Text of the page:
Kurdish Children Study Underground in Turkey

In Turkey, Kurdish Educators Take Their Classrooms Underground Amid Repression

“When you open the Turkish school books, you learn about one nation, one language, and one history,” said Rana, a Kurdish educator in Diyarbakir who in fear of reprisal asked to use a pseudonym to protect her identity. “I don’t want future generations to experience this. I want the children to learn about themselves, their cultures and about various societies around the world,” she added. Rana is one of a few educators who are teaching Kurdish children in an underground, informal school system which shifts between the homes of students in Diyarbakir – keeping away from the eyes of Turkish authorities. “If the Turkish government discovers us, they can do whatever they want,” Rana said. “They could label us as terrorists and throw us in jail for years if they want to.” Complete Article HERE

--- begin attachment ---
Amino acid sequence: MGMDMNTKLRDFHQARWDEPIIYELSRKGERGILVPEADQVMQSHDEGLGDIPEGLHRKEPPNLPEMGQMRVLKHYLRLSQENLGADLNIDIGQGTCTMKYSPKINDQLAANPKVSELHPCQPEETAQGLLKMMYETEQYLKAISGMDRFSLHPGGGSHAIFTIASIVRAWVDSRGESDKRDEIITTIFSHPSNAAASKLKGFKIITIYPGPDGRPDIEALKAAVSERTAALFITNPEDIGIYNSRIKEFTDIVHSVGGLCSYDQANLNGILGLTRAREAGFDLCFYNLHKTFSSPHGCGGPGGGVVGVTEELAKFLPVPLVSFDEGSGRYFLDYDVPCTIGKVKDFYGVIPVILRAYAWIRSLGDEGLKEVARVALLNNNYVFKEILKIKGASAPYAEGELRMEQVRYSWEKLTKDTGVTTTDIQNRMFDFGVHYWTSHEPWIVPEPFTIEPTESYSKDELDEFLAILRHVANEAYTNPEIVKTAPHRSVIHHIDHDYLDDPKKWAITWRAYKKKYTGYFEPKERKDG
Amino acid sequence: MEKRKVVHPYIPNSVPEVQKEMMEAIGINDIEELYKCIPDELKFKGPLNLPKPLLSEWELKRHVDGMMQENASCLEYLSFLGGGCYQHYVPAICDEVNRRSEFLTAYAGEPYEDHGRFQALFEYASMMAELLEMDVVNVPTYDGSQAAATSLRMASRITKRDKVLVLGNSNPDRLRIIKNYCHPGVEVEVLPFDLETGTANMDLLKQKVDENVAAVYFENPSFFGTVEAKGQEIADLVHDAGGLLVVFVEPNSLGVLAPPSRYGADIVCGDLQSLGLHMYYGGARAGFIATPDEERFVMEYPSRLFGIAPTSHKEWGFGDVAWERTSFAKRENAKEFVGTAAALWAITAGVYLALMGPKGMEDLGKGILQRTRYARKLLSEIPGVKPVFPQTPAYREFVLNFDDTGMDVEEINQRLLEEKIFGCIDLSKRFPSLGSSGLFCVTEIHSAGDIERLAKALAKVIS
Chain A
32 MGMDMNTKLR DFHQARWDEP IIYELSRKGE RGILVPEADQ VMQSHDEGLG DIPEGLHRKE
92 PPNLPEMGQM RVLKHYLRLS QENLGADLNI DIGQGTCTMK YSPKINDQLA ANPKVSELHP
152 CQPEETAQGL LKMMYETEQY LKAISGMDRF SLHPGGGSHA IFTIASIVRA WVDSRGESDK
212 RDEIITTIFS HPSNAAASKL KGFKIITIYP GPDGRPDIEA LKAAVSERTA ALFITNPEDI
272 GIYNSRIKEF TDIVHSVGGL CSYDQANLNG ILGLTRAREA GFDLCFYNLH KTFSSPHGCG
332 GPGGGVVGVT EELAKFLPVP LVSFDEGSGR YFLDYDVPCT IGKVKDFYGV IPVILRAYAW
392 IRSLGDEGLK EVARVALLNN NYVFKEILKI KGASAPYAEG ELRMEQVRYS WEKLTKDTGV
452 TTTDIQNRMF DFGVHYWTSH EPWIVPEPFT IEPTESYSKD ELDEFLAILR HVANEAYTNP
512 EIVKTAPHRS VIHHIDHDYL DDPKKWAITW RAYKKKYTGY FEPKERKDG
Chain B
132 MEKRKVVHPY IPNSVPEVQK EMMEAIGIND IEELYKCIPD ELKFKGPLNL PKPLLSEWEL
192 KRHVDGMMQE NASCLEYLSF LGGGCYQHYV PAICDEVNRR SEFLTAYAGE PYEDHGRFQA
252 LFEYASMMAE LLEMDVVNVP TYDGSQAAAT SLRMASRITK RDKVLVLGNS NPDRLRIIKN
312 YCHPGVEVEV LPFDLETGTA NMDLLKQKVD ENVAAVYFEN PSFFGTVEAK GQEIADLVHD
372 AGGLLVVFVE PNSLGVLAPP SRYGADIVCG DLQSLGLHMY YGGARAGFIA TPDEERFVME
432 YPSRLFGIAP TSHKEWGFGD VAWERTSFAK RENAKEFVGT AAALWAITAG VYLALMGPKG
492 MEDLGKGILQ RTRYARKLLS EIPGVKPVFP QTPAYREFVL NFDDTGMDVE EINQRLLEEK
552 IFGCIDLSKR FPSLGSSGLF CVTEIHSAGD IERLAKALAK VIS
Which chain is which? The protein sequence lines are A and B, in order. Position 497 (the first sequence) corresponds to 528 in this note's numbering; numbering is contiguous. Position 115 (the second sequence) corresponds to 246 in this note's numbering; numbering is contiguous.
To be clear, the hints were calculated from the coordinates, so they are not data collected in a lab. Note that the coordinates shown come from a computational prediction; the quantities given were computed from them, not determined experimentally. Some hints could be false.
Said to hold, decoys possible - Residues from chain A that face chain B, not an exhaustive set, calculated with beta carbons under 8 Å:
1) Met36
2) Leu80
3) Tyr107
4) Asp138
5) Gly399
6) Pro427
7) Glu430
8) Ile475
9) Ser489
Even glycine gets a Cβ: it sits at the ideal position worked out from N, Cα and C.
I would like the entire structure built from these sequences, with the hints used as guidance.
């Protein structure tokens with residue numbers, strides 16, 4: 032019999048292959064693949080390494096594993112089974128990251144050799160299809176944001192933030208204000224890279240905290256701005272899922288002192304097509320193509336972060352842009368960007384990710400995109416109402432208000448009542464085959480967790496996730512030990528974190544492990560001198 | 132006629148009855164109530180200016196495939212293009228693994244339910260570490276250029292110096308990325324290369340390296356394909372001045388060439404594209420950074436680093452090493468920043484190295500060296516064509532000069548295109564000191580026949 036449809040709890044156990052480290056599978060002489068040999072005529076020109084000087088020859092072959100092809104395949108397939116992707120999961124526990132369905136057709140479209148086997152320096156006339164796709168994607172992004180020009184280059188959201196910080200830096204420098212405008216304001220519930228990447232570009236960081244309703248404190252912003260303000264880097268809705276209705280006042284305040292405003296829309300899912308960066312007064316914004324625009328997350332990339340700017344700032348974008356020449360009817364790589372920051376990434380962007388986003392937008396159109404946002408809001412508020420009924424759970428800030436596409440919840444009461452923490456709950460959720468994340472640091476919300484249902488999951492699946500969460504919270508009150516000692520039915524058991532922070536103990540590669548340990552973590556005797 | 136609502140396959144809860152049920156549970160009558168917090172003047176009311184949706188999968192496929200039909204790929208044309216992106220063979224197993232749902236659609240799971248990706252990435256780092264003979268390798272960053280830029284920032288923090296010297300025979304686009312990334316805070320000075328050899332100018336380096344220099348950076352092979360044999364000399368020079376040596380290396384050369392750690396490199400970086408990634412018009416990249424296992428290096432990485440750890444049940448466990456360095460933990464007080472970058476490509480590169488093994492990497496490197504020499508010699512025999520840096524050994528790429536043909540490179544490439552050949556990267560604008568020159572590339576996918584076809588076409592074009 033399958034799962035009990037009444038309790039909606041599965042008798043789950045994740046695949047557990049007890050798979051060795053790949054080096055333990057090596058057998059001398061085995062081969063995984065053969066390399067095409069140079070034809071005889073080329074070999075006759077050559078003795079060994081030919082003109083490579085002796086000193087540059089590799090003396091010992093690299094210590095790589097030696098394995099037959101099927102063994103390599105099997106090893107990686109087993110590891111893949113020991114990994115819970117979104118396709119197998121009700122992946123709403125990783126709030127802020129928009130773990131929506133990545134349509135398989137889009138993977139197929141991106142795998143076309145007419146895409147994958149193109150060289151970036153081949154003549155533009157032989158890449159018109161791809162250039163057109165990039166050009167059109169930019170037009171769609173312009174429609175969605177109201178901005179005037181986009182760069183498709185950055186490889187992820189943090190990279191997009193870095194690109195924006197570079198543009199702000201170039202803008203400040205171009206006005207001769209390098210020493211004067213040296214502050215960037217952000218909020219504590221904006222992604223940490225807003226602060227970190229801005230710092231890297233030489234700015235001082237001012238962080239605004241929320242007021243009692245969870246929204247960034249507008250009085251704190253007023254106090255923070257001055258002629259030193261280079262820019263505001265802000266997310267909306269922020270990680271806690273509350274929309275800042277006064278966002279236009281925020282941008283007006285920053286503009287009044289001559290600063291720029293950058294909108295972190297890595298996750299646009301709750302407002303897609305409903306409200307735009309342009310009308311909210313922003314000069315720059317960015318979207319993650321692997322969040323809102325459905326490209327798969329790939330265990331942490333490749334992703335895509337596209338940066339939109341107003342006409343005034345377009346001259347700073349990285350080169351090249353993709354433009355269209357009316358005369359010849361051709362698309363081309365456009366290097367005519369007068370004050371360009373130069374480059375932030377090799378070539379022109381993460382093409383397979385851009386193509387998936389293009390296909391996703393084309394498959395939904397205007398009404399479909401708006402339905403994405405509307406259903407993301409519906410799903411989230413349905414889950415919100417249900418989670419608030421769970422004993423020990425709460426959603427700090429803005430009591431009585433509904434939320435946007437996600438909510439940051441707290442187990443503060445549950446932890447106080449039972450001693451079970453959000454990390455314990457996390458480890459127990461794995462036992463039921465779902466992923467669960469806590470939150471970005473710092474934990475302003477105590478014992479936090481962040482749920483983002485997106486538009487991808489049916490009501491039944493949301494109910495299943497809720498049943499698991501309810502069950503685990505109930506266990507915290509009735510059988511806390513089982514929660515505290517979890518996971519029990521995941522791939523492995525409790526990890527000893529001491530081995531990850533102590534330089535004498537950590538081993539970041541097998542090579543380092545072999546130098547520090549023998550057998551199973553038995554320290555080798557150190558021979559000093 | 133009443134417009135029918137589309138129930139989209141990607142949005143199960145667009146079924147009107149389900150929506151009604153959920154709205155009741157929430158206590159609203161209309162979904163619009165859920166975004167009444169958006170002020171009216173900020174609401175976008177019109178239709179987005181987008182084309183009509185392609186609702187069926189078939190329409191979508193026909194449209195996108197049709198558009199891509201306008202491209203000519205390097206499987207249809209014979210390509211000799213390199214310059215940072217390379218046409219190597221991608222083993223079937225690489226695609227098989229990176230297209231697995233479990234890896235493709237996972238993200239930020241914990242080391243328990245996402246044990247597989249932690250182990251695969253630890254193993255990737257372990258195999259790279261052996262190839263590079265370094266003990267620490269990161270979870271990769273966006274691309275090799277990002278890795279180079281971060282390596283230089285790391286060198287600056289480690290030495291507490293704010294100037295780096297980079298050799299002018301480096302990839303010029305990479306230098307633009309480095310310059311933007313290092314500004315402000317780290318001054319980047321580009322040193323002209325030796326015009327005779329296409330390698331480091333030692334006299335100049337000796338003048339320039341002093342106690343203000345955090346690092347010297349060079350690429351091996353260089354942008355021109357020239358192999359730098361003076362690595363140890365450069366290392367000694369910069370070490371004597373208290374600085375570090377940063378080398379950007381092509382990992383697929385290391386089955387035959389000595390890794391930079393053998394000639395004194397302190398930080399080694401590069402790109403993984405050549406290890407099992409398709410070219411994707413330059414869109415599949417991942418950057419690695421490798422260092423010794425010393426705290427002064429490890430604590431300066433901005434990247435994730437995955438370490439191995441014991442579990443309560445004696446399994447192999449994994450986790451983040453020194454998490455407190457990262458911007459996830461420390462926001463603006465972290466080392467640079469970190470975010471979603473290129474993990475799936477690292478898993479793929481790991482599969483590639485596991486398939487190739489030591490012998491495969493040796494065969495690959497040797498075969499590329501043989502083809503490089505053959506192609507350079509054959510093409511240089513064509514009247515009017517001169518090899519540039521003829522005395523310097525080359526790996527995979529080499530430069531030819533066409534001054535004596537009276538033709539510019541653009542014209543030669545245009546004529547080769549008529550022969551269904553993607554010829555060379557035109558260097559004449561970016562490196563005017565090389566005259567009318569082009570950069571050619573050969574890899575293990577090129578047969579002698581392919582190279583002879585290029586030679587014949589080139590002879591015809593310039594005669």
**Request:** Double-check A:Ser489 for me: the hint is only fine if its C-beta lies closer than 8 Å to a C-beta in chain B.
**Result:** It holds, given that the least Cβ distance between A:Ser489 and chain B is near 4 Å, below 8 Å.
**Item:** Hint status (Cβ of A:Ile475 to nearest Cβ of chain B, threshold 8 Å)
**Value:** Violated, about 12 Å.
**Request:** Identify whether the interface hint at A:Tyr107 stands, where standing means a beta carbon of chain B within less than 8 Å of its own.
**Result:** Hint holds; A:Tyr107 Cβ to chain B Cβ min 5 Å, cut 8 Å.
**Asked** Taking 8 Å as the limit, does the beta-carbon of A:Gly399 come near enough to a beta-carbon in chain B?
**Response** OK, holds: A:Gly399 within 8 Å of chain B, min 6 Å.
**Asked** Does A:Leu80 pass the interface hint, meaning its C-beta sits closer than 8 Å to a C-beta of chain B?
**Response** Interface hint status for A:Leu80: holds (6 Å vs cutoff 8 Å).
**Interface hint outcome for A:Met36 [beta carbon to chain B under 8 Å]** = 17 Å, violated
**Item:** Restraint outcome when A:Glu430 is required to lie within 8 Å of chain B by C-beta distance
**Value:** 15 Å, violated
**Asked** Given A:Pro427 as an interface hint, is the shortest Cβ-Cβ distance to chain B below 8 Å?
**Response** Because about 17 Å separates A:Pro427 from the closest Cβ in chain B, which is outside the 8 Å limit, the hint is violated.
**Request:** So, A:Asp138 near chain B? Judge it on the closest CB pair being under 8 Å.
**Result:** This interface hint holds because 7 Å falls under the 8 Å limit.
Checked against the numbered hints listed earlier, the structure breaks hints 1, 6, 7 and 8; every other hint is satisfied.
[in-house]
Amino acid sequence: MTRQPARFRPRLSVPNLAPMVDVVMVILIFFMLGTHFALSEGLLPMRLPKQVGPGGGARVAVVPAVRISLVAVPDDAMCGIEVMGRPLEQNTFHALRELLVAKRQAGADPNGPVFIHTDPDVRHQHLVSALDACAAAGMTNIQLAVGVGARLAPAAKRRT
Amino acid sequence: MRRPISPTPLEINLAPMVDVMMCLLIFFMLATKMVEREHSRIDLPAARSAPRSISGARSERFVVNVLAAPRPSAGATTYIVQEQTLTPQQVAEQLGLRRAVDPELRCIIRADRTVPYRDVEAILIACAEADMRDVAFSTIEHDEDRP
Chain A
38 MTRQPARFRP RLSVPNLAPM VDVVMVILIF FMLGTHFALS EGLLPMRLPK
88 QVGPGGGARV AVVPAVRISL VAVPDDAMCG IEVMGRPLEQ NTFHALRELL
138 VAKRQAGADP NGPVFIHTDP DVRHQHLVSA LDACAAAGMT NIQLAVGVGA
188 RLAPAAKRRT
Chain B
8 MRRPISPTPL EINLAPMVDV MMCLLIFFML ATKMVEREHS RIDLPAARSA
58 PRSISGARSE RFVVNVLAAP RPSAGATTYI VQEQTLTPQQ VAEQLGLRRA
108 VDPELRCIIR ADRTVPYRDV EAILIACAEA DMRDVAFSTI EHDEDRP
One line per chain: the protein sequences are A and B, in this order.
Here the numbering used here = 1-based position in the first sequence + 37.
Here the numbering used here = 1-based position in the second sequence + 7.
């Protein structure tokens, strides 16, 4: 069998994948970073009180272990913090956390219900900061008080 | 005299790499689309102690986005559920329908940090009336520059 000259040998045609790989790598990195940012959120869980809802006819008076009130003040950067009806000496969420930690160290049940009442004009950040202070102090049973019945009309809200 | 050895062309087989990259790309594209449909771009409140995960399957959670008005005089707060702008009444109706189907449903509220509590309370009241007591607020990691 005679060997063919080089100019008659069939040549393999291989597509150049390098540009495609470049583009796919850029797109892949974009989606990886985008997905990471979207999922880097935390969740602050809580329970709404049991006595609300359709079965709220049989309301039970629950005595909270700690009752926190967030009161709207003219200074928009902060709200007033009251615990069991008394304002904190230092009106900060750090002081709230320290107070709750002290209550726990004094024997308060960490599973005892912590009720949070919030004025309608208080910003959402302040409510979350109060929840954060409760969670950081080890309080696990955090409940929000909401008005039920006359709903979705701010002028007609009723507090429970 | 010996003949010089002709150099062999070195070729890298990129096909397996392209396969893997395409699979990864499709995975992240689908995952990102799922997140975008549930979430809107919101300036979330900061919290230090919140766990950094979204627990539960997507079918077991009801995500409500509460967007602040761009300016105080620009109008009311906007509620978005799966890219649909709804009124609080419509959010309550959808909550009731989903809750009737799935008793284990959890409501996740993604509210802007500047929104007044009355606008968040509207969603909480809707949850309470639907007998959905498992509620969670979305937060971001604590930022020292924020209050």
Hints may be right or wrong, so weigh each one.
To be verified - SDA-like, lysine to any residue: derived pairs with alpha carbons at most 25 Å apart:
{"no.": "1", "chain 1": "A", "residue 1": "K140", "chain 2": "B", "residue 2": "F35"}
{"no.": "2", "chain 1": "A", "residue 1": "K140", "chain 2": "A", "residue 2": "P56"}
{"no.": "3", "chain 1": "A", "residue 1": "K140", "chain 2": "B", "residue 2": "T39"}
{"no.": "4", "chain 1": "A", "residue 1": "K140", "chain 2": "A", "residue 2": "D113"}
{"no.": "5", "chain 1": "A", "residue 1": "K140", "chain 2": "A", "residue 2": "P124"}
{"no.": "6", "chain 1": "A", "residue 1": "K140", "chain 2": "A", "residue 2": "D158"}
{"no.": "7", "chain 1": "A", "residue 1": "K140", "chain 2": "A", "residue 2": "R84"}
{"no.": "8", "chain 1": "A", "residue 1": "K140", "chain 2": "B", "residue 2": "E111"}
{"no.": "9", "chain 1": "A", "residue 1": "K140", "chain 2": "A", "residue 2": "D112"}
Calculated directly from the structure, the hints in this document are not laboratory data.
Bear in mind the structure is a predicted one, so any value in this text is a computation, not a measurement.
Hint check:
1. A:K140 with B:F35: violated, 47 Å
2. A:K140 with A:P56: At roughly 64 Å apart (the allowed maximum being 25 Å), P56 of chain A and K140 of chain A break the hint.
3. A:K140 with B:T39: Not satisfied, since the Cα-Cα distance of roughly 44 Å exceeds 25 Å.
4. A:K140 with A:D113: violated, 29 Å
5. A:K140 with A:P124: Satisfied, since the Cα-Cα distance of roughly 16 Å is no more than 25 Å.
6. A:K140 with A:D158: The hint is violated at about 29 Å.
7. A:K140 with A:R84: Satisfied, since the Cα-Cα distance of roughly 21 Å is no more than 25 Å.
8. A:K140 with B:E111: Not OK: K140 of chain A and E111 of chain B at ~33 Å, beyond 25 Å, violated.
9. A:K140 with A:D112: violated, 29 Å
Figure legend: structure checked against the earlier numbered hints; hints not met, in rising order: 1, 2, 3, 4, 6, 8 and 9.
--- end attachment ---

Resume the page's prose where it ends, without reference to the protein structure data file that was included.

ICRC-Humanitarian actors needed for education

Why Education Needs the Support of Humanitarian Actors in Conflict Zones

The past three years have been an exciting and thought-provoking journey for the Red Cross and Red Crescent Movement on the question of education. Strong momentum and commitment have been built, without shying away from critical and legitimate questions and dilemmas around how neutral, impartial and independent actors can support education meaningfully and without jeopardizing humanitarian principles. The lack of a functioning education system should not paralyze humanitarian actors. On the contrary, it should spur them into action because they are uniquely placed to respond to the urgency of ensuring the continuity of education. For girls, in particular, seizing the window of opportunity for education is crucial, because they face more and more pressures and barriers as they reach adolescence. Complete Article HERE